If you want to get the most out of your wood-burning stove, it’s important to use the right kind of fuel in it. You may buy our specialty firewood for a chiminea stove here at Cutting Edge Firewood. Wood stoves have more compact fireboxes than traditional fireplaces. This means that regular-sized wood logs might not fit. The diverse selection of tiny wood logs we stock makes them ideal for use in a chiminea. With its great quality and inexpensive cost, chiminea wood is best used in a stove rather than a fireplace due to its small size.

Which One Is Best?

A fireplace or wood stove would be perfect for this. You can build a roaring fire in your fireplace using either method. What you really need to know is how to use firewood properly.

Wood that is wet or damp, or that is made of softwoods, will not work in wood-burning stoves or fireplaces. You’ll need a wood stove or fireplace to use kiln-dried firewood. Your fireplace will be able to produce a hotter, more efficient flame as a result.

Find out why kiln-dried firewood is better for your fireplace or stove by visiting our online shop. Cutting Edge Firewood is the premier provider of premium kiln-dried firewood in the Southeast. We sell high-quality firewood for use in fireplaces and wood stoves, including oak, hickory, cherry, and other varieties.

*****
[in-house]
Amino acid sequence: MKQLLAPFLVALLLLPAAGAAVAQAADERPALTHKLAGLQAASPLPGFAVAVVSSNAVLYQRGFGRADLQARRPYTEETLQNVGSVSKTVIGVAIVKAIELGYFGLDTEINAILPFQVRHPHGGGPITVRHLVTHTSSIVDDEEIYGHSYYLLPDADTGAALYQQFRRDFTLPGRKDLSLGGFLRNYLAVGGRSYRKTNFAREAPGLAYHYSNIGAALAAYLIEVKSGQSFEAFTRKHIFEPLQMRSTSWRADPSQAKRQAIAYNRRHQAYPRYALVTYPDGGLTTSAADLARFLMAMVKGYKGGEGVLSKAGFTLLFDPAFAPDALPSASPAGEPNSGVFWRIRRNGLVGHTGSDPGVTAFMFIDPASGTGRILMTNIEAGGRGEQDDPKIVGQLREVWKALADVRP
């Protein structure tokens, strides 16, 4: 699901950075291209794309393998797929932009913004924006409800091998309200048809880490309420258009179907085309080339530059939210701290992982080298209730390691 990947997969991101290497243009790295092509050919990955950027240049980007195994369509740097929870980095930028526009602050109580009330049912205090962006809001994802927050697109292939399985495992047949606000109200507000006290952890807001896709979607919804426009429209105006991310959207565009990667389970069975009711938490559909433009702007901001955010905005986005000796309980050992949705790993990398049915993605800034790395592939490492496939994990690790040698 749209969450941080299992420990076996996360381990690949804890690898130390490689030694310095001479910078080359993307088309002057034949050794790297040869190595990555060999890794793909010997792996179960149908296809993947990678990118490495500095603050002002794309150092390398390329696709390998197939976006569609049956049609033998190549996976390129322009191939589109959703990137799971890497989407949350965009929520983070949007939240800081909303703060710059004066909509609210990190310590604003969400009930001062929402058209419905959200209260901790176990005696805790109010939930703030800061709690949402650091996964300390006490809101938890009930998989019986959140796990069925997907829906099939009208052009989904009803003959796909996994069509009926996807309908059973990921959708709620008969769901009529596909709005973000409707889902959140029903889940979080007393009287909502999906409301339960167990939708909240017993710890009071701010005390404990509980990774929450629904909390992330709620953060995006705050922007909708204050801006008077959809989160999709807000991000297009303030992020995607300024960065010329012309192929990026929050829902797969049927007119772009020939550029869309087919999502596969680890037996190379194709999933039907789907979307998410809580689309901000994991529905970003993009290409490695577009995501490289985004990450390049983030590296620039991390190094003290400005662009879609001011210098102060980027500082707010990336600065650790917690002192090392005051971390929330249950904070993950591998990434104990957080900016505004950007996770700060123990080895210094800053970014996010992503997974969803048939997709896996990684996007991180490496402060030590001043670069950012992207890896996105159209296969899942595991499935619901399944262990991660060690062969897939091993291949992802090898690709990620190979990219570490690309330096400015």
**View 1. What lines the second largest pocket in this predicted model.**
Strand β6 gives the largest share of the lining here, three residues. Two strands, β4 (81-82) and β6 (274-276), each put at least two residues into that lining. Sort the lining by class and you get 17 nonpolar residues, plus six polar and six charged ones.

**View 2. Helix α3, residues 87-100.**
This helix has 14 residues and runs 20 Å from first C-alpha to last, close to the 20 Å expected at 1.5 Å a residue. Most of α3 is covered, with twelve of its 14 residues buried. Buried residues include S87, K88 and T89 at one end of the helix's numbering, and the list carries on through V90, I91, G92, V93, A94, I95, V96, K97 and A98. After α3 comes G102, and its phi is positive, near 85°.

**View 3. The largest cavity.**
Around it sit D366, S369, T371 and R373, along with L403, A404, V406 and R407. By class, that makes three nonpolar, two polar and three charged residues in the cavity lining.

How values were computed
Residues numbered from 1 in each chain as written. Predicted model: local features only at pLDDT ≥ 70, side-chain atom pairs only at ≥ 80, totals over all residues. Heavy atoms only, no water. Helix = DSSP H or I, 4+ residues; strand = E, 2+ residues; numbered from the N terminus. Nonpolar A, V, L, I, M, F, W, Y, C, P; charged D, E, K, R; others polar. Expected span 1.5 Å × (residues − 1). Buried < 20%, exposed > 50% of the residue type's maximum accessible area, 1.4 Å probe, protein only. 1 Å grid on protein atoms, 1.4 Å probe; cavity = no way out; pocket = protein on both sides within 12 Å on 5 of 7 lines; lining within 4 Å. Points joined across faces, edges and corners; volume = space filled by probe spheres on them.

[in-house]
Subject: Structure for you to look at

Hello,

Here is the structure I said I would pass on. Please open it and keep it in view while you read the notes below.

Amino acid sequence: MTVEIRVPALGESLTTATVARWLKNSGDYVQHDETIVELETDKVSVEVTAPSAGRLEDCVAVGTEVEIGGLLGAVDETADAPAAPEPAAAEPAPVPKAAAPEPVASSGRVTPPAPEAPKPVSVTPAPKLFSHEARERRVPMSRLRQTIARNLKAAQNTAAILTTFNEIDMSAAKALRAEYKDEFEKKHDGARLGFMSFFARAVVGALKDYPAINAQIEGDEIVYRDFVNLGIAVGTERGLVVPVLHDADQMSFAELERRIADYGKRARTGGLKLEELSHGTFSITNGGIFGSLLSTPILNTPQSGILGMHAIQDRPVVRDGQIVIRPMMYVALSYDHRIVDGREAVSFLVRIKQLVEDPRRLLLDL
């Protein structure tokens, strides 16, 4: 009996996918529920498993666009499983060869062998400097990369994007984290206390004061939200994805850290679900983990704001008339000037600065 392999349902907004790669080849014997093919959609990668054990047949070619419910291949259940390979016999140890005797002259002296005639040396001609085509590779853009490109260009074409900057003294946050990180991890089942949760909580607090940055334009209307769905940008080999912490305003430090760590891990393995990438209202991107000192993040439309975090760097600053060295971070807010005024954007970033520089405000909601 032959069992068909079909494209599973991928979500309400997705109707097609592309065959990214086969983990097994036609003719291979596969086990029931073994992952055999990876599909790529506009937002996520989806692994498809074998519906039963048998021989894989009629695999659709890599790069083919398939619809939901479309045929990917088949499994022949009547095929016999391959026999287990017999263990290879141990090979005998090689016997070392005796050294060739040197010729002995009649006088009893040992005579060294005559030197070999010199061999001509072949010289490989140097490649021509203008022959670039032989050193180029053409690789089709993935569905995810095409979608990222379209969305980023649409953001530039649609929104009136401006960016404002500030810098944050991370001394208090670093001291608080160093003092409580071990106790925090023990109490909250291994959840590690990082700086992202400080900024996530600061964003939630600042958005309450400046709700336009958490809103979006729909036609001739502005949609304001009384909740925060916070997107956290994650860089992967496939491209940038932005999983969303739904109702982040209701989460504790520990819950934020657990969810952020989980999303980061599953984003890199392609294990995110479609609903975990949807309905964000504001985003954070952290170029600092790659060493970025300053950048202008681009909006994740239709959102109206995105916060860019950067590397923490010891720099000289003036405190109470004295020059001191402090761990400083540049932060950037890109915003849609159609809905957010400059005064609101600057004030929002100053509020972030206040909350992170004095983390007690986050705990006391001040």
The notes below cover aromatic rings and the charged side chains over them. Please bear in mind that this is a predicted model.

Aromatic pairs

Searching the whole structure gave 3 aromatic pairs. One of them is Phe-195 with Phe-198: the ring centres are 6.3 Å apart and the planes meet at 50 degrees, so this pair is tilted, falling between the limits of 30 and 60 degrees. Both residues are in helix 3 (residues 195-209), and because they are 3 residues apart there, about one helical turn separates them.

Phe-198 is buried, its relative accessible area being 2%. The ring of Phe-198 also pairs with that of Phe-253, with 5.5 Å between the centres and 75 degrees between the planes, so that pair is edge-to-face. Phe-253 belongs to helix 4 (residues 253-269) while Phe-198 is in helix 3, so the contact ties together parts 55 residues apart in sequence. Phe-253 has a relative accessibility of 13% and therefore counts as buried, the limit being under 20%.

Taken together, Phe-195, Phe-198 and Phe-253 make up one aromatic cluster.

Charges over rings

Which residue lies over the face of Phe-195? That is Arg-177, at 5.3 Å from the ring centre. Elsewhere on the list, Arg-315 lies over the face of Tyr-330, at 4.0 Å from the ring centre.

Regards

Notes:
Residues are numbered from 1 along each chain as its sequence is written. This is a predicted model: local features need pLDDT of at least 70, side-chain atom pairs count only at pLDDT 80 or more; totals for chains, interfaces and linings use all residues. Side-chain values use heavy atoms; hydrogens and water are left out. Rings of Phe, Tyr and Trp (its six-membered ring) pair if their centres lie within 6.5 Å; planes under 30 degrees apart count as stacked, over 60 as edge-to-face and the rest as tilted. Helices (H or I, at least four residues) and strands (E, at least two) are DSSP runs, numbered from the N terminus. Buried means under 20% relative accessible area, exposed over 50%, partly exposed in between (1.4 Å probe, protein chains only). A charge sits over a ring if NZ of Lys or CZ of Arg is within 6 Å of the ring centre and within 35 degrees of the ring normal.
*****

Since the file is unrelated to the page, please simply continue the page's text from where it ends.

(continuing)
How Do Wood Burning Stoves Work?

According to the Environmental Protection Agency, almost 12 million homes in the United States heat with wood stoves. You may get the same cozy feeling from a modern wood stove as you would from a traditional fireplace without the tremendous inefficiencies and pollution.

Traditional Wood Stoves

Traditional wood stoves use a less than optimal mechanism to create heat. As soon as you start a fire in the stove with some paper, kindling, and wood, it will start heating up. The stove’s flames are kept alive by the intake vents that bring air into the appliance. At this stage, according to CARB’s estimates, a sizable amount of energy is required to dry out the wood used in the stove. As a consequence of the combustion process, this moisture evaporates and escapes up the chimney. The combustion of wood releases carbon, charcoal, and volatile organic compounds (VOCs) into the air. When the temperature inside the stove reaches 600 degrees Fahrenheit, the gases inside begin to burn instead of escaping up the chimney. Once the burner reaches a temperature of 1,000 degrees Fahrenheit, the charcoaled wood will begin to burn and produce significant heat.

Certified Wood Stoves

When it comes to domestically produced stoves, the EPA only started issuing approvals after 1990. Stoves with the EPA’s seal of approval are more efficient than their predecessors, producing less smoke and more heat from the same quantity of wood. Stoves that have received an EPA seal of approval use secondary combustion or catalytic combustors. Secondary combustion stoves have an additional air intake in the fire chamber. The gases that would otherwise be vented up the chimney can be burned more completely with the help of this air, increasing the amount of heat produced. Catalytic wood heaters use a catalytic mechanism similar to those used in vehicles. The catalytic combuster ensures that the gases are burned at a lower temperature than they would be without it. Both of these strategies employ air pollution to generate heat for the home.